Poland recalls the 75-year old war while watching a new war in a neighboring country.
The 75th anniversary of Germany’s invasion of Poland on September 1, 1939 that marked the start of WWII is shadowed by the events in Ukraine.
Recently I visited Westerplatte, a peninsula near Gdansk – a special place for Poland and the whole world. I was surprised by the great number of tourists visting this place – the memory of the 75-year old events in Poland lives on. On September 1 each year at 4.35 AM – the moment the German battleship Shlezwig-Golstein opened fire on the peninsula – memorial events start at Westerplatte. Throughout Poland hundreds of conferences, meetings and discussions are planned.
Historical information. The Geman invasion of Poland on September 1 1939 came as a result of a several month-long political crisis, during which the Nazi “Third Reich” made to its eastern neighbor a number of demands concerning changing Poland’s borders and foreign policy. Warsaw denied the demands and in early 1939 the United Kingdom and France guaranteed Polish security in case of an attack by Germany.
German troops during the Polish campaign of 1939.
In August 1939, after the failure of the talks of a military alliance between the Western powers and the USSR, Moscow and Berlin signed a non-agression pact (“Molotov-Ribbentrop pact”), the secret protocols to which provided for division of Poland between Germany and the USSR and creating sphere of influence of both the totalitatian states in eastern Europe.
After a provocation in a then-border town of Gleiwitz (Gliwice) where the Germans fabricated an attack of Polish soldiers on a local radio station, Germany started the military campaign against Poland. Despite the courageous resistance of Polish troops, often, in particular at the Westerplatte peninsula, heroically fighting overwhelming enemy forces, by mid-September the war was all but decided. Polish historians call it Wojna Obronna – “Defensive war.”
On September 17th the Russian Red Army, implementing the secret agreement with Germany, entered then-eastern regions of Poland (now – western regions of Ukraine and Belarus). At the same time the Polish government with the remnants of their troops escaped to Romania and was interned their. Individual Polish units continued resistance until early October. The German and Soviet troops set a demarcation line through the territory of occupied Poland and even held a joint parade in Brest.
However, the current events in Ukraine led to more and more talks in Poland about a possible new war that might reach Polish borders. The Polish President Bronisław Komorowski wrote on Friday in his article in Rzeczpospolita of a need to strengthen NATO and a more detailed look into the possibility of implementing articles 4 and 5 of the Washington Treaty. This part of the document, also called “one for all and all for one” provides that aggression against a NATO member means an attack on the whole Alliance. “We cannot be as short-sighted as the democracies on the eve of WWII” – Komorowski noted.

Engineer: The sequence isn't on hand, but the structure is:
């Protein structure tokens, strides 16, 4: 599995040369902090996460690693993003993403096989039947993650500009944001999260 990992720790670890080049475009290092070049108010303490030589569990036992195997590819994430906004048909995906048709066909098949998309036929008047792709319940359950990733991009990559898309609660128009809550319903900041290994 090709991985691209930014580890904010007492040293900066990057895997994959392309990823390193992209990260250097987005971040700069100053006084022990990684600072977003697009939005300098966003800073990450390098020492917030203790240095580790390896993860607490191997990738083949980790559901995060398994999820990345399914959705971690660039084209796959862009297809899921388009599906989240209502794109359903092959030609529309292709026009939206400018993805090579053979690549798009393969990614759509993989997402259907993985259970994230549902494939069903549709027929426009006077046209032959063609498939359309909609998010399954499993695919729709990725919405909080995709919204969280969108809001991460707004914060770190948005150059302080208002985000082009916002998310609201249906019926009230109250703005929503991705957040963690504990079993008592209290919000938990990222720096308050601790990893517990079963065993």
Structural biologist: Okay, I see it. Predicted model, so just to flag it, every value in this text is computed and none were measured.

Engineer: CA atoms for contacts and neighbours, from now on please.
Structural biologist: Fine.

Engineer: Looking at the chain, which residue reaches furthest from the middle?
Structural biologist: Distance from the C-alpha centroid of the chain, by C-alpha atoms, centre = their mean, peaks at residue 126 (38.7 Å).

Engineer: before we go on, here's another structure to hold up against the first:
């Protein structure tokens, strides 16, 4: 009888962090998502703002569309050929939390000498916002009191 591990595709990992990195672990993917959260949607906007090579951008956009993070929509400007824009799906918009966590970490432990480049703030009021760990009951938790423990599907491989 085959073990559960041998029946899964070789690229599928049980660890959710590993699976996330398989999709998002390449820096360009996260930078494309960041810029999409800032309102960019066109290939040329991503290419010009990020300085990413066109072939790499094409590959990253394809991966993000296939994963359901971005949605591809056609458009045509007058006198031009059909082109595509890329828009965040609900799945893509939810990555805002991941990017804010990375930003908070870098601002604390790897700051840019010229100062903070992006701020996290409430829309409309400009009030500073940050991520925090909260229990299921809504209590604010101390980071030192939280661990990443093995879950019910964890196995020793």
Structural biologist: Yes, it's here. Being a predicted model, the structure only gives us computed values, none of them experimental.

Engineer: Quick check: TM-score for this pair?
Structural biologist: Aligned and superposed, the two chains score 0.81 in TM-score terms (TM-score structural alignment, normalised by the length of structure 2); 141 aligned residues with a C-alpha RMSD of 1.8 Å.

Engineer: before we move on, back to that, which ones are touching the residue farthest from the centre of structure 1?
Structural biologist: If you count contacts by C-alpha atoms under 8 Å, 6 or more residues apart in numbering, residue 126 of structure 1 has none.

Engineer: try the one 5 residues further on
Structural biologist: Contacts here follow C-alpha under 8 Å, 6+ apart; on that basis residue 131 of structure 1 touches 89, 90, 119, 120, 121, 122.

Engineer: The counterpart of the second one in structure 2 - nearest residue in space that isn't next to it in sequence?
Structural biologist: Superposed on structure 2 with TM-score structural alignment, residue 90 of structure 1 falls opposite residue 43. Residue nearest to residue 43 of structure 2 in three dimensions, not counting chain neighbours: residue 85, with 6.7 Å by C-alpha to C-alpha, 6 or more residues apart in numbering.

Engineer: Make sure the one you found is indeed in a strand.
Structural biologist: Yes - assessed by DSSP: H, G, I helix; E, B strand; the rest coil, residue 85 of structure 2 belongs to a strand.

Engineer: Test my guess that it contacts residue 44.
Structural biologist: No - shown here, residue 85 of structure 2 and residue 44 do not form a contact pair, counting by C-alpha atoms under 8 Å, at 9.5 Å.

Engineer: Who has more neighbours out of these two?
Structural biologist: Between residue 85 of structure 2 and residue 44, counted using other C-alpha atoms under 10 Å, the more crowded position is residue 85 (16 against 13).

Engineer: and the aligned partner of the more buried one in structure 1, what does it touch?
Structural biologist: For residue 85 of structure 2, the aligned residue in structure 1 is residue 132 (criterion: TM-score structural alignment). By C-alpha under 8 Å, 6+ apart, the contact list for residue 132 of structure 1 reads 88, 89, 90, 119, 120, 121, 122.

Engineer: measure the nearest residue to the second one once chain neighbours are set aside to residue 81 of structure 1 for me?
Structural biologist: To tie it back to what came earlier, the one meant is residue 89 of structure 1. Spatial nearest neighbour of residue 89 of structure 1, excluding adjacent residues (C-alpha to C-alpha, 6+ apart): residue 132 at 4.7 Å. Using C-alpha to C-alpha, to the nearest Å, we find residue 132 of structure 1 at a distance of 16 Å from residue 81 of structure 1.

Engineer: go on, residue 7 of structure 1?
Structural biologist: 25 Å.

Not long ago the President also announced that Poland would increase military spending: “Speaking of our contribution to the defense budget and also to give an example to other NATO countries I will recommend the Cabinet and the Parliament to increase military spending to 2% of GDP. Some of our neighbors are actually seriously increasing military spending. As our economy continues to improve, this percentage means serious support for the Polish military becoming an increasingly important component of NATO.”
Polish President Bronislaw Komorowski with American President Barak Obama.
On the eve of the 75th anniversary of the Second World War Ukraine keeps leading the Polish media. The opposition accuses the state of insufficient activity in Ukraine, in the fact that Poland, as opposition politicians believe, has been crossed out of the list of countries having a voice in Ukrainian affairs, which is indicated by the absence of Polish representatives at the recent summit in Minsk. However, on Thursday Warsaw welcomed the Foreign minister of Belarus Uladzimir Makei, which would be hard to imagine several months ago.
“Poland can’t consent to another escalation of aggression in Ukraine. We are seeing a violation of international law. We are disappointed that his escalation is happening almost immediately after the meeting in Minsk we had certain hopes for” – Radoslaw Sikorski, Foreign minister of Poland, said after the meeting with his colleague from Belarus.
Maciej Korkuts, a histrotian of the Polish Institute of National Remembrance believes that in the current situation the whole Europe, not just the countries closest to Ukraine, should think about what’s happening at the EU borders:
“Has all Europe, not just Germany, learned their lessons in 1939? Has, say, France, which essentially did not fulfil its ally obligations, learned its lesson? NATO’s Article 5 on ally aid is worded significantly less strongly then France’s and UK’s obligations towards Poland in 1939. Historical parallels dictate that the French should view the events in Ukraine as a threat to them as well, although France is far from the scene of events. Other European countries should view it the same way, which goes without saying for Poland,” Korkuts said.
Source: Radio Svoboda
Translated by Kirill Mikhailov